Commodity markets are changing so rapidly that it can be difficult to step back and put current conditions into perspective. Participants are prone to a virtual boost due to volatile price movements, whether they are up or down – but especially when the markets are still on the roller coaster.
This is particularly evident now, with the impact of the coronavirus pandemic on global commodities and many have been reaching their lowest prices in years, if not decades. However, the benefits go beyond prices.
Take for example the aluminum market. Closures in the automotive and aerospace sectors dampened forecasts of aluminum demand for 2020. Domestic shipments of products from aluminum and foundry factories to the automotive and light truck sectors alone accounted for 6,242 million pounds in 2018, or about 25% of total demand for aluminum in the United States, according to the Aluminum Association.
A two-week minimum shutdown, as announced by several automakers last month, would amount to around 240 million pounds of lost deliveries – not a good start to the year for a market segment that should be stable at best in terms of sales 2020.
Some aluminum end users have also had to temporarily close facilities, as many states impose “non-essential business” closings.
Boost aluminum with quarantine supplies
One positive point has been the canned beverage sector, especially the liquor segment, as people move into extended quarantine. According to widely published data from Nielsen, sales of alcoholic beverages increased 55% year-over-year for the week ended March 21. about 90% over the year for the same period, according to the data.
All of this comes at a time when the US Midwest P1020 trading premium, which S&P Global Platts estimates, was 10.5 cents / pound on April 8. Midwest premium – down almost 33% from the start of 2018, to 74,978 cents / lb on April 8.
January 2018 was the last time the Midwest premium, reflecting market dynamics ranging from supply and demand to delivery and logistics costs to trade and labor issues, n was only 10.5 cents.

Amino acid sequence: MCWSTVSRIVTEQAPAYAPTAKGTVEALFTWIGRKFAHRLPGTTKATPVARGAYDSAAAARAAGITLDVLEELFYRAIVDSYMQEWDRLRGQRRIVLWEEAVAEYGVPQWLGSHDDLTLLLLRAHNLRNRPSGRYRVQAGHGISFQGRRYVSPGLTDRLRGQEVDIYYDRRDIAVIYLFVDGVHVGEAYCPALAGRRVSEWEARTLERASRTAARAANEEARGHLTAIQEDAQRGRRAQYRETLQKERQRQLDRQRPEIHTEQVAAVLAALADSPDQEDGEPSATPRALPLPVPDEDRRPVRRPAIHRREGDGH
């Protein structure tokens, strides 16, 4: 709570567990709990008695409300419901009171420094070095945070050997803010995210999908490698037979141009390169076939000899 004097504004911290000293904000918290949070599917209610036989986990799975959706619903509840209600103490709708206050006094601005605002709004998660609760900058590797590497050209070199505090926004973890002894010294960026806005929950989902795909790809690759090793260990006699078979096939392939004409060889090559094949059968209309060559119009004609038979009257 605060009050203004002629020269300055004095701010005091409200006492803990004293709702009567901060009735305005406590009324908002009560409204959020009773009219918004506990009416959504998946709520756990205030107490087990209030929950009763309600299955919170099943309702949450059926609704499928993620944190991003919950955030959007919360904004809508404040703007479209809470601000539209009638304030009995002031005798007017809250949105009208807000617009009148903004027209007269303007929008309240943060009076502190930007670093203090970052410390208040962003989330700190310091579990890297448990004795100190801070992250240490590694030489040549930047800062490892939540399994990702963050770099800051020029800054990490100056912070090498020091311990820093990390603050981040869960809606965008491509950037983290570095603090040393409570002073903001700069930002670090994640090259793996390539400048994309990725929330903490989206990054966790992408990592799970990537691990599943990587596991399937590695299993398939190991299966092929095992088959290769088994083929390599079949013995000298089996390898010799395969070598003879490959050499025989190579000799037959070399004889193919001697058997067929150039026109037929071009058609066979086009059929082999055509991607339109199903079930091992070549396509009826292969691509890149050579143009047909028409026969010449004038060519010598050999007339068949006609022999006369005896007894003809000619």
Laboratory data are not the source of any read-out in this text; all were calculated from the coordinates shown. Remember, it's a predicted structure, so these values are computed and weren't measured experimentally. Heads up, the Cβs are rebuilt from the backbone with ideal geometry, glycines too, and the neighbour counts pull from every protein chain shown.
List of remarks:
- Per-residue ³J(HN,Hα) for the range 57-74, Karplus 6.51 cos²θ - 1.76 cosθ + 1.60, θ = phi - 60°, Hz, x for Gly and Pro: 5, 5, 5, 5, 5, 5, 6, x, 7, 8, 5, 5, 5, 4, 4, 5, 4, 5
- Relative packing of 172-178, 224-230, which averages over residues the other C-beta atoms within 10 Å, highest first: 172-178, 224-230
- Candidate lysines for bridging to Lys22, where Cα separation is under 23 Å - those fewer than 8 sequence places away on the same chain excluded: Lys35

To put things in perspective, it was at this time that Trump’s White House revealing book “Fire and Fury” had just appeared, California became the largest US state to legalize cannabis for any purpose. Recreational and American political circles were rife with rumors of a possible presidential candidacy for Oprah Winfrey. .
Shortly after, the Trump administration imposed a 10% tariff on primary aluminum imports, as well as sanctions against Russian aluminum producer Rusal. These two factors helped push the Midwest premium to a multi-year high of 22.5 cents / pound in April 2018.
The US market has digested prices and other developments over time, ultimately reducing the premium to more typical historical levels. Today, Canada, Mexico and Australia are exempt from tariffs, while Argentina has quotas in place. Rusal is also no longer subject to sanctions. However, more than 27% of aluminum imported by the United States remains subject to tariffs, against a peak estimated at 86% at the beginning of last year.
It remains to be seen whether the Midwest premium will return to levels seen in the wake of import tariffs or whether it will continue to hover near historic lows.
What is certain is that commodity markets – including aluminum – will continue to respond to market forces, whether these forces come in traditional forms, such as supply and demand, or as viruses that grip the globe. And it’s not just a matter of perspective.